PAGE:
When the Internet is used as an instrument of “affirmation, repetition, and contagion,” it is deadly to promote an alternate reality in its hall of mirrors.
After Jan. 6 attack on the Capitol, Trump’s culpability seemed abundantly clear. During momentary “weakness” even political insiders who had publicly supported Trump such as Mitch McConnell expressed that view. But that was then. Since, the pro-Trump propaganda machine has kept its shoulder to the wheel and behold, today most Republicans still believe the election was “stolen,” and at least half believe that Trump bears no responsibility for the attack on the U.S. Capitol.
Also since then Republican State legislators have gone to work, to “make elections fair” and to “stop voter fraud.” Indeed, this disenfranchises minorities which would seem to be the major issue. As important, it gives subliminal credence to the unfounded claim of voter fraud and a kind of legitimacy to Jan. 6, at least in the minds of the True Believers,
How can this be when our very own eyes and all evidence refute both points?
I have referenced before the pioneering work of Gustave Le Bon and his 1895 classic The Crowd; A Study of the Popular Mind. I read this in college and never forgot it. I still have my old paperback edition, with all my original notes and underlinings; strange to look through it some sixty years later in an effort to understand today.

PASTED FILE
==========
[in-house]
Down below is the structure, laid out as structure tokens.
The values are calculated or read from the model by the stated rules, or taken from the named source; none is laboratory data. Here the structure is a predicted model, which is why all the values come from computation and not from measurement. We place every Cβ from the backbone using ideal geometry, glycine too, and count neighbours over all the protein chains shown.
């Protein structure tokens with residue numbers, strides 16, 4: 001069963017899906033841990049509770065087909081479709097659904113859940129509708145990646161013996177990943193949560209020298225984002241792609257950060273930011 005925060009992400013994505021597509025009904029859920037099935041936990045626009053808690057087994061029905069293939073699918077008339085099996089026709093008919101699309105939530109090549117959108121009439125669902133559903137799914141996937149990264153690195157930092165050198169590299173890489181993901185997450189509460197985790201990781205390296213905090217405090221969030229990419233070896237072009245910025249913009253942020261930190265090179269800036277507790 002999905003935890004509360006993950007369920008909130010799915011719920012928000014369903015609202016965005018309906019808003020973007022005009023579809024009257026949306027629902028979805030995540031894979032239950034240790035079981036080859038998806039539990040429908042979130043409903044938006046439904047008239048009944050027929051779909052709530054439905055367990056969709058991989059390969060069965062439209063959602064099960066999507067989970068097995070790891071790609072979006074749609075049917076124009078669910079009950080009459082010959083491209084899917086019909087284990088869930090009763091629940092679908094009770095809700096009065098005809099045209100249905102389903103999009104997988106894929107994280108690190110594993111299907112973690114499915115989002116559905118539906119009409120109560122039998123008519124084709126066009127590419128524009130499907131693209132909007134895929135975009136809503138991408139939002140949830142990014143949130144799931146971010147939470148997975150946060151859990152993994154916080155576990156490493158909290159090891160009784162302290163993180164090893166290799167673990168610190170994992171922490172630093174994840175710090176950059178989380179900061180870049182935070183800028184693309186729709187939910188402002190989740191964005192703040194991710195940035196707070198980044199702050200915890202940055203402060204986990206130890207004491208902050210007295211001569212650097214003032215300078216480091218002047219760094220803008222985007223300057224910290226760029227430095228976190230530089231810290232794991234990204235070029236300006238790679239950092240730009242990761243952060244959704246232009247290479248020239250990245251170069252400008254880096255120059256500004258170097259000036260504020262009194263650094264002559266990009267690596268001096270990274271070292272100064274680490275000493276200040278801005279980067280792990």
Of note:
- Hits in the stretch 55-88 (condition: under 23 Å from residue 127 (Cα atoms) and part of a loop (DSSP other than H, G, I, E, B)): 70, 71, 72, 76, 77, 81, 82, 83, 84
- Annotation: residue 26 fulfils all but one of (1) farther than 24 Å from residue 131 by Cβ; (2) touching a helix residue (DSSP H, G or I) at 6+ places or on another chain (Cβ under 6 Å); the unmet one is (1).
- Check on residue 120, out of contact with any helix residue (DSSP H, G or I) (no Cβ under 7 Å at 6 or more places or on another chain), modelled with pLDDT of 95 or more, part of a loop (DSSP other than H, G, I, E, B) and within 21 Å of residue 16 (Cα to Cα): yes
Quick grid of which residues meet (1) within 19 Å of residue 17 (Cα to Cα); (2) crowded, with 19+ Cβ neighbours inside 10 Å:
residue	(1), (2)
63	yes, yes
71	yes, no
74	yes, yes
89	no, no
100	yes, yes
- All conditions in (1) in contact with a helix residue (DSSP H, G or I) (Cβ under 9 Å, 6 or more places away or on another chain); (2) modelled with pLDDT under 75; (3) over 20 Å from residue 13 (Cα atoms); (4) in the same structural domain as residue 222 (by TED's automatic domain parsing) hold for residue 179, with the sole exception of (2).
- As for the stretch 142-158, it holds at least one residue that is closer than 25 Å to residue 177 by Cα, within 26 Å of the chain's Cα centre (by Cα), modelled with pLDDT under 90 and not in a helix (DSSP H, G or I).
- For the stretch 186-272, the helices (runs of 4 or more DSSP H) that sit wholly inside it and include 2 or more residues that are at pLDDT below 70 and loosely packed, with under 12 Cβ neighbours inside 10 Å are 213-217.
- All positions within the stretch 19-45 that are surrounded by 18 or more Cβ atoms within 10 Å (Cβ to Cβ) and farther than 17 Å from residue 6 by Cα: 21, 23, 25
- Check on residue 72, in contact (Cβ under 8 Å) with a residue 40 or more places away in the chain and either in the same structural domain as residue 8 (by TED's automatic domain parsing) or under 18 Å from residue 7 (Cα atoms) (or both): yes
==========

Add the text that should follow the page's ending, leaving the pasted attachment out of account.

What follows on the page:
This was written even before radio. I can only imagine what Le Bon would say about the Internet, other that it merely magnifies the ease in which an obvious falsehood can seize the popular mind, an alternate reality taking on the trappings of the truth. Read the words of this man talking to us from 1895 and decide for yourself how these beliefs can possibly be.
This is an excerpt from Le Bon’s work with some passages truncated just to get to the heart of the matter:
When…it is proposed to imbue the mind of a crowd with ideas and beliefs…the leaders have recourse to different expedients. The principal of them are three in number and clearly defined--affirmation, repetition, and contagion. Their action is somewhat slow, but its effects, once produced, are very lasting.
Affirmation pure and simple, kept free of all reasoning and all proof, is one of the surest means of making an idea enter the mind of crowds. The conciser an affirmation is, the more destitute of every appearance of proof and demonstration, the more weight it carries….
Affirmation, however, has no real influence unless it be constantly repeated, and so far as possible in the same terms. It was Napoleon, I believe, who said that there is only one figure in rhetoric of serious importance, namely, repetition. The thing affirmed comes by repetition to fix itself in the mind in such a way that it is accepted in the end as a demonstrated truth.
The influence of repetition on crowds is comprehensible when the power is seen which it exercises on the most enlightened minds. This power is due to the fact that the repeated statement is embedded in the long run in those profound regions of our unconscious selves in which the motives of our actions are forged. At the end of a certain time we have forgotten who is the author of the repeated assertion, and we finish by believing it….
When an affirmation has been sufficiently repeated and there is unanimity in this repetition...what is called a current of opinion is formed and the powerful mechanism of contagion intervenes. Ideas, sentiments, emotions, and beliefs possess in crowds a contagious power as intense as that of microbes….Contagion is so powerful that it forces upon individuals not only certain opinions, but certain modes of feeling as well….The opinions and beliefs of crowds are specially propagated by contagion, but never by reasoning...